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Legislative Assembly for the ACT: 2002 Week 3 Hansard (6 March) . . Page.. 605 ..

MR STEFANIAK (continuing):

My next point concerns the intention of this government, stated in its autumn legislation program, to wind back reforms made last year to the Crimes Act, reforms to empower the police to deal effectively with crime. Those reforms brought our police into line with New South Wales, especially in terms of the standards required to arrest someone without warrant: the reasonable suspicion test as opposed to the very difficult reasonable belief test.

That brought us into line with the state across the border, and meant that the same test was applied to police apprehending criminals in Queanbeyan, as to those in the ACT. I have not seen what the government is doing in that regard-none of us have yet-and I do not think I should comment much further on that. However, I am very concerned that, in his autumn legislation preview, the Attorney appears to indicate that those very important reforms, which are so important to properly policing our territory, properly apprehending criminals and properly protecting the citizens of this territory, are going to be wound back.

I look forward with interest, maybe some trepidation too, to seeing what is actually dropped on the table. However, I will leave further comment until then. I just hope that, if the government is thinking of winding back those sensible measures that give police the power to go about their jobs without one hand tied behind their backs, they will think again and not go off half-cocked.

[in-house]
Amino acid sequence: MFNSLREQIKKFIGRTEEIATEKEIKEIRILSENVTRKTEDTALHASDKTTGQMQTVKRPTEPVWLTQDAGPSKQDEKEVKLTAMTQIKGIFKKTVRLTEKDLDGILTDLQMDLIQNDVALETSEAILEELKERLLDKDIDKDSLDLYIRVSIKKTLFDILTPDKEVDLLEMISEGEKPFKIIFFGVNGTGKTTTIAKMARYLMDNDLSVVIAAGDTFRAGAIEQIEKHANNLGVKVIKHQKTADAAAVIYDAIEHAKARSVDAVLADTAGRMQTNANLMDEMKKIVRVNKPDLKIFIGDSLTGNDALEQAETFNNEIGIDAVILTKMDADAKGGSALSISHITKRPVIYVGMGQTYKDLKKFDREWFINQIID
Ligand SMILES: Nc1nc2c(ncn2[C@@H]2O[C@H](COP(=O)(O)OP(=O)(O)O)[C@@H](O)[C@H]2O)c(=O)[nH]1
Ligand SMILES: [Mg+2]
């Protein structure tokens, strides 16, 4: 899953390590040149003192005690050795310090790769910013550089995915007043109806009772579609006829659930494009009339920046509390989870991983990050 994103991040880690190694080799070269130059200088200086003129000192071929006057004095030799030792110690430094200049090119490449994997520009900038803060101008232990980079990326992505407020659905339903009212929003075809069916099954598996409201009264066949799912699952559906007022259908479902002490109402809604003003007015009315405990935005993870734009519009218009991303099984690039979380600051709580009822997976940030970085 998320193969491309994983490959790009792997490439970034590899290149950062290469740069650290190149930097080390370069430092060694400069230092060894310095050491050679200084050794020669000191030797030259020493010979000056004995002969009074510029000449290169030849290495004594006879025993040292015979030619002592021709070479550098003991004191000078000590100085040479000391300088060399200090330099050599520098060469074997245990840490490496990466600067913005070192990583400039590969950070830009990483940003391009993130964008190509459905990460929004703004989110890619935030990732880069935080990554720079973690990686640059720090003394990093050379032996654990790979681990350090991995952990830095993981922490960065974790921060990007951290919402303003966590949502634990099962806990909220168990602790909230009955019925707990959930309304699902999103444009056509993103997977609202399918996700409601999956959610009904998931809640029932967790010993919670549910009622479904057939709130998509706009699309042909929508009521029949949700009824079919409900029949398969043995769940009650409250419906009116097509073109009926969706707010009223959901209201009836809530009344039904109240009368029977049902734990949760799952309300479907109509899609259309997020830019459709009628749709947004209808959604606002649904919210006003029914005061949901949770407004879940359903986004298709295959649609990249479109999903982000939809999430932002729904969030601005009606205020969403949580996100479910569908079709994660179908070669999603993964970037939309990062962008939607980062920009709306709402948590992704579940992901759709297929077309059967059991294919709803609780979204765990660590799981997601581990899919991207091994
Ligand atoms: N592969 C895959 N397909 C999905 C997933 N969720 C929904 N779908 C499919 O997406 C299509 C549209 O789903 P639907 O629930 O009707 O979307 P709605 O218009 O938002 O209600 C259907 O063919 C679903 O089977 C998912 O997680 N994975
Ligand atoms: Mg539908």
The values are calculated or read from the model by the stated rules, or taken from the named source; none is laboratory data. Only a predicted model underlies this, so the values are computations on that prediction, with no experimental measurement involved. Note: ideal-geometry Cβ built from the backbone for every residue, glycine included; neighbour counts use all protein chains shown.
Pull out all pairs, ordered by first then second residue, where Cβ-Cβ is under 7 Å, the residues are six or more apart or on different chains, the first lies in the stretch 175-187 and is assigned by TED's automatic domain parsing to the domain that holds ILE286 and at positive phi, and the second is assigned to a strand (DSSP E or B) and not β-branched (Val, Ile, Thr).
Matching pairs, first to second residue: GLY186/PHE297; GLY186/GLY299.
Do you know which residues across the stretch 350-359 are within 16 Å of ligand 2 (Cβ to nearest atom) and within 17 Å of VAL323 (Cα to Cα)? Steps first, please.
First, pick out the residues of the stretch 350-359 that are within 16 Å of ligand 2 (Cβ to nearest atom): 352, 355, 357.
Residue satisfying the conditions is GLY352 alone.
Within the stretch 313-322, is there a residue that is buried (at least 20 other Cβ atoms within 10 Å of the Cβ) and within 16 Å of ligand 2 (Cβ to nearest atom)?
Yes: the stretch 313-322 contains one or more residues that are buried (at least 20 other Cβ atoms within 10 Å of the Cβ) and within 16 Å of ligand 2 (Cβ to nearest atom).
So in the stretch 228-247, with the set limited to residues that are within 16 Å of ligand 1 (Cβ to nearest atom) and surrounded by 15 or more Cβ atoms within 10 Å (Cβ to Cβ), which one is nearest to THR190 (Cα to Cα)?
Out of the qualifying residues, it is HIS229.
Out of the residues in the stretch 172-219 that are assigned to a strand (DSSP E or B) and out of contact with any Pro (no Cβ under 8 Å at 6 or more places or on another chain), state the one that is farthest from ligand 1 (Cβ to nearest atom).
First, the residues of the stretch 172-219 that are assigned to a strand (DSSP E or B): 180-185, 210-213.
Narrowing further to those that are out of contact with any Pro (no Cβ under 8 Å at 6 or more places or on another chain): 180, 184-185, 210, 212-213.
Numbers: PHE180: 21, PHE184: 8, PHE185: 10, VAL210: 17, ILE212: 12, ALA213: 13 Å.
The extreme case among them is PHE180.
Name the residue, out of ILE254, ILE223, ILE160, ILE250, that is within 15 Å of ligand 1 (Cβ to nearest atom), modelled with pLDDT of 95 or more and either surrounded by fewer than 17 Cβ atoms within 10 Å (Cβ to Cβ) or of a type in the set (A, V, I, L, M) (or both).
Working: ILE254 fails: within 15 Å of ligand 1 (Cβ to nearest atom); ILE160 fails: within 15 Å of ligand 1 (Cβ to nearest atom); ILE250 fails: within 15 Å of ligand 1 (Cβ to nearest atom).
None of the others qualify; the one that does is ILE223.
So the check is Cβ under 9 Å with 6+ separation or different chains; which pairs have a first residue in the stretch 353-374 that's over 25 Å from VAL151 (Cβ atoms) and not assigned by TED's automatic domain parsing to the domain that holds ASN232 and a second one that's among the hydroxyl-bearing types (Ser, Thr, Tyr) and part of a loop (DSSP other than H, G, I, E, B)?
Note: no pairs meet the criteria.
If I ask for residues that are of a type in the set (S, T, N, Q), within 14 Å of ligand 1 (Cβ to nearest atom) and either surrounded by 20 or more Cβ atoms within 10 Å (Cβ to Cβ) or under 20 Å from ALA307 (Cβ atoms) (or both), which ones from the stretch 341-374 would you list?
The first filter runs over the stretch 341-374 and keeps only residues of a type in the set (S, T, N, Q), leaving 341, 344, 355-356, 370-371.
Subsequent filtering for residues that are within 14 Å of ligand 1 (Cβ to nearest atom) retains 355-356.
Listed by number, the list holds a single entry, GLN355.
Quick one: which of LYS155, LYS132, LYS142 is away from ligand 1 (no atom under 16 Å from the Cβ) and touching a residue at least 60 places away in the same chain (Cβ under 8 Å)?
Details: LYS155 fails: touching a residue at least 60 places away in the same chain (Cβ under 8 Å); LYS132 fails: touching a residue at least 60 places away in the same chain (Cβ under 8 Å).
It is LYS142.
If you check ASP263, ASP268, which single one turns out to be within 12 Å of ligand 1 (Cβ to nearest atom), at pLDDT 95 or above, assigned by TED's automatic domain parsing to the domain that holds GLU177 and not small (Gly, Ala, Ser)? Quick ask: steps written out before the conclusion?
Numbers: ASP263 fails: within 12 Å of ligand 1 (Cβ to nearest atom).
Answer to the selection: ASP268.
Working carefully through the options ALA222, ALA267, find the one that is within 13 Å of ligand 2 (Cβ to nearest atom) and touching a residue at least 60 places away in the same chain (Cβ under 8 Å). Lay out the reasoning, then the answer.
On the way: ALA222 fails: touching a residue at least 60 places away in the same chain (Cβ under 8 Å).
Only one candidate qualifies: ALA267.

Having been involved in several criminal law jurisdictions, I suppose I know a fair bit about sentencing, and I can certainly comment on it in terms of our jurisdictions in the ACT. For many years, in fact since stats have been kept-probably over 20 years or more-the ACT has had the lowest incarceration rate per 100,000 people of any state or territory. I think the next lowest now is Victoria, but we are very much lower-often two or three times lower than other states. That is just a historical fact.

That is fine if we do not have the same crime rates. However, there is a real problem in our community: many ordinary citizens in our community have the view that sentences are often not as tough as they should be. I do not know if that is exactly what the Chief Minister is looking at. He seems to be looking at making it even more difficult for people who should go to jail to actually go to jail. I hope not.

I think it was ACTCOSS who put out a press release saying that they hope that a lot of people will be able to comment on the review, a lot of ordinary citizens. I certainly hope that is the case, because I am regularly accosted by ordinary citizens who have some real concern and who think our courts are far too lenient. I hope those people can add their views here too, which might actually assist the government.

It is interesting just to put some figures on the table here, Mr Speaker, which I will do. I am quoting from an article I actually wrote for the Canberra Times, and it is reasonably well set out, so I will actually just read the relevant parts onto the record.

I asked the Department of Justice and Community Safety, as it then was, for stats about crime sentencing patterns, stats about what our District Court did, and about what the New South Wales criminal courts did for equivalent offences, that being their Supreme Court and, in some instances, their District Court.

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